From the early times man has recorded his environment on the objects used in his daily life. the decoration of pottery has been an easy way to record these images. The ability of clay to accept a scratched line or a pressed mark has not changed. This quality enables me to reflect my environment as easily as the primitive potter reflected his. The tools I use to make my marks in clay still include the pointed stick, and the pressed texture; but the texturing tools are more of the twentieth century: milled pieces of wood, scraps of waste plastic and metal, impressions of bicycle tires and the soles of tennis shoes. The pieces are still vessels of a functional nature. I have intentionally left the interior surfaces unglazed to reflect the character of stone or worn painted wood. My job is not to evaluate or tell you what to see in these pieces. My job is to make the pieces. In doing so, I have continued the potters tradition of "marking his own time".
“The greatness of art is not to find what is common but what is unique”
Bob Andersen, BFA University of Northern Iowa and Connie Andersen have been creating unique handmade functional ceramic pottery for almost five decades. The creative energy is nonstop in that they are always looking for ways to incorporate new trends and nature into their pieces. Bob is the maker of the pottery and Connie is the co-designer and takes care of the business end of the company. Bob and Connie appreciate well made crafts and it shows in their Organic, Regional, Terra Cotta, Pinecone, Garden and Arts & Crafts collections. Sunflower Pottery has gained prestigious recognition and clients since their beginnings in the mid seventies and they continue to be professional craftsmen and artisans who attend every show with a professional attitude.
Arts & Crafts Collection
Inspired by the writings of John Ruskin, the Arts & Crafts movement reached its height between approximately 1880 and 1910. This collection celebrates the works of influential Arts & Crafts practitioners including William Morris, Charles Robert Ashbee, Frank Lloyd Wright, Charles Rennie Macintosh and Gustav Stickley. In rich jewel-tone hues of blues, greens, oranges and browns, the highly collectible pieces include cups and bowls, plates and platters, vases and wine chillers, goblets, birdhouses and custom items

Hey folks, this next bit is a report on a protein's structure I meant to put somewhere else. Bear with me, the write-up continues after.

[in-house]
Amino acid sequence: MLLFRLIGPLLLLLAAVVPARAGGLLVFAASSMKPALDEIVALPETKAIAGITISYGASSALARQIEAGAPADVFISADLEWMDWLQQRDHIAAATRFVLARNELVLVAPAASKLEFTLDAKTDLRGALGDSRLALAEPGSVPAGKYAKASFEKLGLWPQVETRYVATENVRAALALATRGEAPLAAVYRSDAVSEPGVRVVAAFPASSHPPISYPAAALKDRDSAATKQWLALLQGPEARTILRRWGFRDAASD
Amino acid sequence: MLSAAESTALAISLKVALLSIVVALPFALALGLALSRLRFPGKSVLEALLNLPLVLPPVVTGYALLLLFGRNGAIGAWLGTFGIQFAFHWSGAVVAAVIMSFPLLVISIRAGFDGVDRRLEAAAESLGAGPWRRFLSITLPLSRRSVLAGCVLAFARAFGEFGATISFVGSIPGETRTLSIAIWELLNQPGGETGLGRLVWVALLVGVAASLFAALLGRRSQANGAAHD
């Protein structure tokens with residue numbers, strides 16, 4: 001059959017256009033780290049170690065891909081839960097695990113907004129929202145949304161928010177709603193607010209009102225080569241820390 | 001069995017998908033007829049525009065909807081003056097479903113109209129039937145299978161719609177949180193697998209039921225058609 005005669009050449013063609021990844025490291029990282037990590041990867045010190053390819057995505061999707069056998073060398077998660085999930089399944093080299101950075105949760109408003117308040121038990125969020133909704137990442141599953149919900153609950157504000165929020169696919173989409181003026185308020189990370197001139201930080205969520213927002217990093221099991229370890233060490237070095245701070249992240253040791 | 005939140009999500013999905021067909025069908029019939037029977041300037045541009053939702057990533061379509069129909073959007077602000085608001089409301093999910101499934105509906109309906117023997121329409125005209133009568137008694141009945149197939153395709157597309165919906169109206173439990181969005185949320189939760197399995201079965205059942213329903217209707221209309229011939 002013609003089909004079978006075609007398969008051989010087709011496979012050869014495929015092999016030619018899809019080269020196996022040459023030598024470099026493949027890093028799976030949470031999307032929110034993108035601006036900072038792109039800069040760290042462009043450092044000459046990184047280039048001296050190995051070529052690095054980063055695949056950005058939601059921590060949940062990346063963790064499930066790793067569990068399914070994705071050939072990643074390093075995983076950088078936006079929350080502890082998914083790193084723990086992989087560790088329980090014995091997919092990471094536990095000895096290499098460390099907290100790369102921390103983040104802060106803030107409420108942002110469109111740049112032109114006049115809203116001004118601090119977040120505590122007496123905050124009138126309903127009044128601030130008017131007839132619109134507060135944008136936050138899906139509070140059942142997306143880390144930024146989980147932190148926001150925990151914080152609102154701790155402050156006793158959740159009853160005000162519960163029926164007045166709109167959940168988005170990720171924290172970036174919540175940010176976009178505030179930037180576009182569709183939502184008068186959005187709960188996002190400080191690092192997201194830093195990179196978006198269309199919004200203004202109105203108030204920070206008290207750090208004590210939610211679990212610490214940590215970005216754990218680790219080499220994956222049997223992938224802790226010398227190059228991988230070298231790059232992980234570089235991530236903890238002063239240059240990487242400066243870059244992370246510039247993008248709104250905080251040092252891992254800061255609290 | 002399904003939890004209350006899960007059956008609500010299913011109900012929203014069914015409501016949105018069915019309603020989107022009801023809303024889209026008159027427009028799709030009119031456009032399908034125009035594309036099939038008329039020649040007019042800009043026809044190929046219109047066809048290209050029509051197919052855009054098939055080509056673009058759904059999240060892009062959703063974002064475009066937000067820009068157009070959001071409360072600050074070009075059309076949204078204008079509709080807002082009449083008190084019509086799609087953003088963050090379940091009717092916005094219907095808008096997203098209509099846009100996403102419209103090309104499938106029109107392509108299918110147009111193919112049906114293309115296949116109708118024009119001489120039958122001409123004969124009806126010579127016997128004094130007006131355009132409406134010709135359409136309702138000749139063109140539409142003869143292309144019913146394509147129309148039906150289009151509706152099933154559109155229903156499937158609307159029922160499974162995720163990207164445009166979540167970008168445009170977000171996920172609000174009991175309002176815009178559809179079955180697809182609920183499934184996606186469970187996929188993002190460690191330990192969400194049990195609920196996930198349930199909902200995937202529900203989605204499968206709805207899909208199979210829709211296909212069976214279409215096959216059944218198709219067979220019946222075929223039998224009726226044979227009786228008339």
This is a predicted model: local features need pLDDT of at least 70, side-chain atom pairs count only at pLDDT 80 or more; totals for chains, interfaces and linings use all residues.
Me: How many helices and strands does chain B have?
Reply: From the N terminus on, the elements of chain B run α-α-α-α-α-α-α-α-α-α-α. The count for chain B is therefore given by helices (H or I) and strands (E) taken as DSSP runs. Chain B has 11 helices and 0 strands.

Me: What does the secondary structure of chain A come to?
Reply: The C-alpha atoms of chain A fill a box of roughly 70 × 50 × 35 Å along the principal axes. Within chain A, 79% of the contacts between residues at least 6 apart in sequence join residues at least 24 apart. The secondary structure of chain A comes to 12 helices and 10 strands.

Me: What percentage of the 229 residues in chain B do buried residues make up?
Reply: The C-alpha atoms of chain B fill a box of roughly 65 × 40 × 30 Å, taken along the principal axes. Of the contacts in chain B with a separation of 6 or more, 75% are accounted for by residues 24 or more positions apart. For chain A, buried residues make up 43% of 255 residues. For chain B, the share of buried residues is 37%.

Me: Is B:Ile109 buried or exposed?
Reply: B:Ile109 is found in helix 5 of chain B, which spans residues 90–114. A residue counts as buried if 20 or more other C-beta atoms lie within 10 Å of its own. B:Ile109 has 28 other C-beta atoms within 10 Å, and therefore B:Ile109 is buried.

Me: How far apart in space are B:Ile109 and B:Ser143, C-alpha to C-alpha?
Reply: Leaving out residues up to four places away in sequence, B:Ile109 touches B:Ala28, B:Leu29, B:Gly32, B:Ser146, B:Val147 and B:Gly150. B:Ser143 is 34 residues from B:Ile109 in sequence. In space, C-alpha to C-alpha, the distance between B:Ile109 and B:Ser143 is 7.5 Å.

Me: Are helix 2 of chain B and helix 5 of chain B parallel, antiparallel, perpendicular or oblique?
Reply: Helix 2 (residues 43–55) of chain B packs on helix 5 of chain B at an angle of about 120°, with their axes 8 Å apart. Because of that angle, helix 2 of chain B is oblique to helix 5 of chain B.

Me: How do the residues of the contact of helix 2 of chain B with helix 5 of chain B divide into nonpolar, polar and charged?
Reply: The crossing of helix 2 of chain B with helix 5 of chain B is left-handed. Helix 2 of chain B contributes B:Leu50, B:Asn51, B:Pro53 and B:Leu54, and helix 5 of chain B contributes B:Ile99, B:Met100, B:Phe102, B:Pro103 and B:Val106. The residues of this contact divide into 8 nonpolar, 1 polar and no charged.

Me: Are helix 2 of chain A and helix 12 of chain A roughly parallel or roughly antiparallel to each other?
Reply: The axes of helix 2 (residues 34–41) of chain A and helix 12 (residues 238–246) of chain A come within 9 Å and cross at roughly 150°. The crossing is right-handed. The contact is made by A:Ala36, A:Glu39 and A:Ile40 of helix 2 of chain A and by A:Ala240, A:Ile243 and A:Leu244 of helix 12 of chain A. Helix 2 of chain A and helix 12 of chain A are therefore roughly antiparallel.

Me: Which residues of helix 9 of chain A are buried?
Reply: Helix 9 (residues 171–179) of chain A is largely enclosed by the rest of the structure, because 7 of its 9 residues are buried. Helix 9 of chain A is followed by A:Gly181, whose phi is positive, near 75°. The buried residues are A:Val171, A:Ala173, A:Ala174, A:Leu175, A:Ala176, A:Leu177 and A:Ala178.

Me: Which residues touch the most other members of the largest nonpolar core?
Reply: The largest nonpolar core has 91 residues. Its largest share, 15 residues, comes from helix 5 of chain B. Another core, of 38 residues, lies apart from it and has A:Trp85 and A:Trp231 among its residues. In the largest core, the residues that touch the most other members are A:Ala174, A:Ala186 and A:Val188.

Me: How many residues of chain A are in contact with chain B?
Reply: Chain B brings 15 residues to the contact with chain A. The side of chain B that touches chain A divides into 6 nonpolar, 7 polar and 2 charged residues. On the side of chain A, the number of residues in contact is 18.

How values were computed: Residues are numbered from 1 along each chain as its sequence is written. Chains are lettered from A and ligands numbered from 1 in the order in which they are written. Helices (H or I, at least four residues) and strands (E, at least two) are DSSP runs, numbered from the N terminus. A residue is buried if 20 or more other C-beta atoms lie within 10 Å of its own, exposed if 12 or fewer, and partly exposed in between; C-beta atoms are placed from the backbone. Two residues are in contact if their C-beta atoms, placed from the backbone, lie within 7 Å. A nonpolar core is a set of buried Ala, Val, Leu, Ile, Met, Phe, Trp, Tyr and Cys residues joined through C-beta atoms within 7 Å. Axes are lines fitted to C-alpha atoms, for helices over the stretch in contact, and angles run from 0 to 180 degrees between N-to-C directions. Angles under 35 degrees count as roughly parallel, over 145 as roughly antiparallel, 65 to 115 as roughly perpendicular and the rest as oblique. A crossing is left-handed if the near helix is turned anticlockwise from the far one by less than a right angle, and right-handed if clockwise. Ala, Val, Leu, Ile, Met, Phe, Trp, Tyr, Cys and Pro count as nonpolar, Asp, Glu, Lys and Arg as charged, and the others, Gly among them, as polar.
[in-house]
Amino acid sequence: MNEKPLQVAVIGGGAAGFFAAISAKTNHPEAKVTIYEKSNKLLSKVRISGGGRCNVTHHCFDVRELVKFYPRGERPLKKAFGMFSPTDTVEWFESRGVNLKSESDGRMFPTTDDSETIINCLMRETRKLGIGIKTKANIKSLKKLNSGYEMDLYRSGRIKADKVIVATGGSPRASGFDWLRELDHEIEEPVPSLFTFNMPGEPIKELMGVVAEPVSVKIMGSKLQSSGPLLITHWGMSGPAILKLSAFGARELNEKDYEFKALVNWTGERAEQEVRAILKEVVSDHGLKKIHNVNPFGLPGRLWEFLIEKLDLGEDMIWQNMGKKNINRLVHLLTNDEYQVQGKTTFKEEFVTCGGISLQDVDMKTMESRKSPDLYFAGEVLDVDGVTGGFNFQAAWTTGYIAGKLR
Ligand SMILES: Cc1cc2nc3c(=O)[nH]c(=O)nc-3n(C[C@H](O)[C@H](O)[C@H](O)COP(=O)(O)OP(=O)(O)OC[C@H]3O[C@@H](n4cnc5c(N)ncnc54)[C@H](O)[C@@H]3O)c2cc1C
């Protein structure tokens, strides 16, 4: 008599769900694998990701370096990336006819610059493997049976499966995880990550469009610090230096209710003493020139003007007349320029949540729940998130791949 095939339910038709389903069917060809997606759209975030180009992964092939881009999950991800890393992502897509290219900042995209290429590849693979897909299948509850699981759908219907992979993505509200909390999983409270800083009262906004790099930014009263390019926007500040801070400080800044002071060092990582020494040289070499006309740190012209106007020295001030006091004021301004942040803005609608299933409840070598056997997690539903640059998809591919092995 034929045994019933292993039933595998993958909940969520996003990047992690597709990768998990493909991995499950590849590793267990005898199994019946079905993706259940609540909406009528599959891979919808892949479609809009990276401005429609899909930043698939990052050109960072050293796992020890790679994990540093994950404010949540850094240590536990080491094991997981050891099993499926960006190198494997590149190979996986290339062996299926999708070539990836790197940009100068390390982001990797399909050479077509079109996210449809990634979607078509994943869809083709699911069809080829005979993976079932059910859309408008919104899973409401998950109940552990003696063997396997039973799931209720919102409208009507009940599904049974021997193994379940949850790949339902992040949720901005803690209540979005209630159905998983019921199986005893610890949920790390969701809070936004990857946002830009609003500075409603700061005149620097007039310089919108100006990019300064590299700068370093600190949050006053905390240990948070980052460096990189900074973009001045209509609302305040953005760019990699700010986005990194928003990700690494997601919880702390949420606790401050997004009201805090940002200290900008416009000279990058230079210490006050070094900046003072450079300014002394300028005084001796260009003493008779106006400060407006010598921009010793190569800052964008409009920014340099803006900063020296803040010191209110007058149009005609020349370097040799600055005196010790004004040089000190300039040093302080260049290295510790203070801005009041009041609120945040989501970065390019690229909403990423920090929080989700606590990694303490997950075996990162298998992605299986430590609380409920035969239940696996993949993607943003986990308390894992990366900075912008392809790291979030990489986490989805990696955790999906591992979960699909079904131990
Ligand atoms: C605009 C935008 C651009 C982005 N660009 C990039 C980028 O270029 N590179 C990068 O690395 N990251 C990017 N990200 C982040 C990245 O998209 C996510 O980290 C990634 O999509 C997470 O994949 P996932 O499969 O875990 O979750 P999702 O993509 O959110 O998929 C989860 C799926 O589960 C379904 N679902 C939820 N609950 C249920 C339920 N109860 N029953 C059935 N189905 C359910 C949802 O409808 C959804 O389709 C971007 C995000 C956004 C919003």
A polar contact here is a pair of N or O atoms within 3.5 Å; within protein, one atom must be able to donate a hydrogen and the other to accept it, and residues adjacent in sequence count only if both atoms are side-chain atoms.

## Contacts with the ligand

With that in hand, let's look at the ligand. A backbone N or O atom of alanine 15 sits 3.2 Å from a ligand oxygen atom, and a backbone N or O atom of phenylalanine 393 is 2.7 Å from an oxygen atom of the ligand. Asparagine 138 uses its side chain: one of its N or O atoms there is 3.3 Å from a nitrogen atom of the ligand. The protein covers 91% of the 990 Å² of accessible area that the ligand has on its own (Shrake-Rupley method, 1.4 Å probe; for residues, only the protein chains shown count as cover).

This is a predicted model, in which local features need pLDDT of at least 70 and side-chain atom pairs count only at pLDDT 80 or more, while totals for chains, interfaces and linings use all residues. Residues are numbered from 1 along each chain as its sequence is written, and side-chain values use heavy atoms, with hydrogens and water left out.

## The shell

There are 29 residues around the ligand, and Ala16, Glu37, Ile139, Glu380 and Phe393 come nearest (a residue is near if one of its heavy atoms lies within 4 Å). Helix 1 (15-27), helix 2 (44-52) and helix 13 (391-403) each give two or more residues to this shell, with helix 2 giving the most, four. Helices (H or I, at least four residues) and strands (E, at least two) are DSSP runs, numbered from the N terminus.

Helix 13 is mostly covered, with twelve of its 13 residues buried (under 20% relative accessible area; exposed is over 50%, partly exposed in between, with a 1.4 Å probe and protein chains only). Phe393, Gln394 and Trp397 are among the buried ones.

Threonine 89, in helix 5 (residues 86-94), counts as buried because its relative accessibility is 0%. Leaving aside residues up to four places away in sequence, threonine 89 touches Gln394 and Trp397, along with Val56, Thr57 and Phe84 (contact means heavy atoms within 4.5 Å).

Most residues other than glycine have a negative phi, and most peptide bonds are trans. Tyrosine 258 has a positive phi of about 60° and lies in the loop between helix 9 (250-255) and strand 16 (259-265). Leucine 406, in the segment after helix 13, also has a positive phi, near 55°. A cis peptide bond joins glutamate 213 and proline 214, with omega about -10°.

Even if you don't have a cabin in the Northwoods, this collection will make you happy just to stay at home and enjoy an evening with friends, good food, and a fire. Wonderful hues of dark browns and greens are perfect complements for the pinecone motif that characterizes this line of functional dinner ware. If you do have a cabin in the Northwoods, it's really not complete without place settings, bowls, mugs, pitchers, or wine coolers from the Pinecone Collection.
Function with a bit of whimsy in a solid, salt-glazed look is the hallmark of this extensive line of products. While the origins of this look derive from traditional patterns basic to the Midwestern kitchen and dining table, these pieces are designed to bring pleasure to our ordinary rituals of eating and drinking. Where else can you discover a pig with wings (a pigasus?) or a holy cow or even a tea pot shaped like a familiar blue silo with a corncob pouring spout? This extensive line includes mugs, saucers, plates, bowls, platters, serving and baking dishes of all kinds in a wide range of sizes. Their salt-glazed functional look, festooned with the flora and fauna of the Midwest, images of nature, farm animals (some familiar and some unfamiliar) will bring a smile to your lips.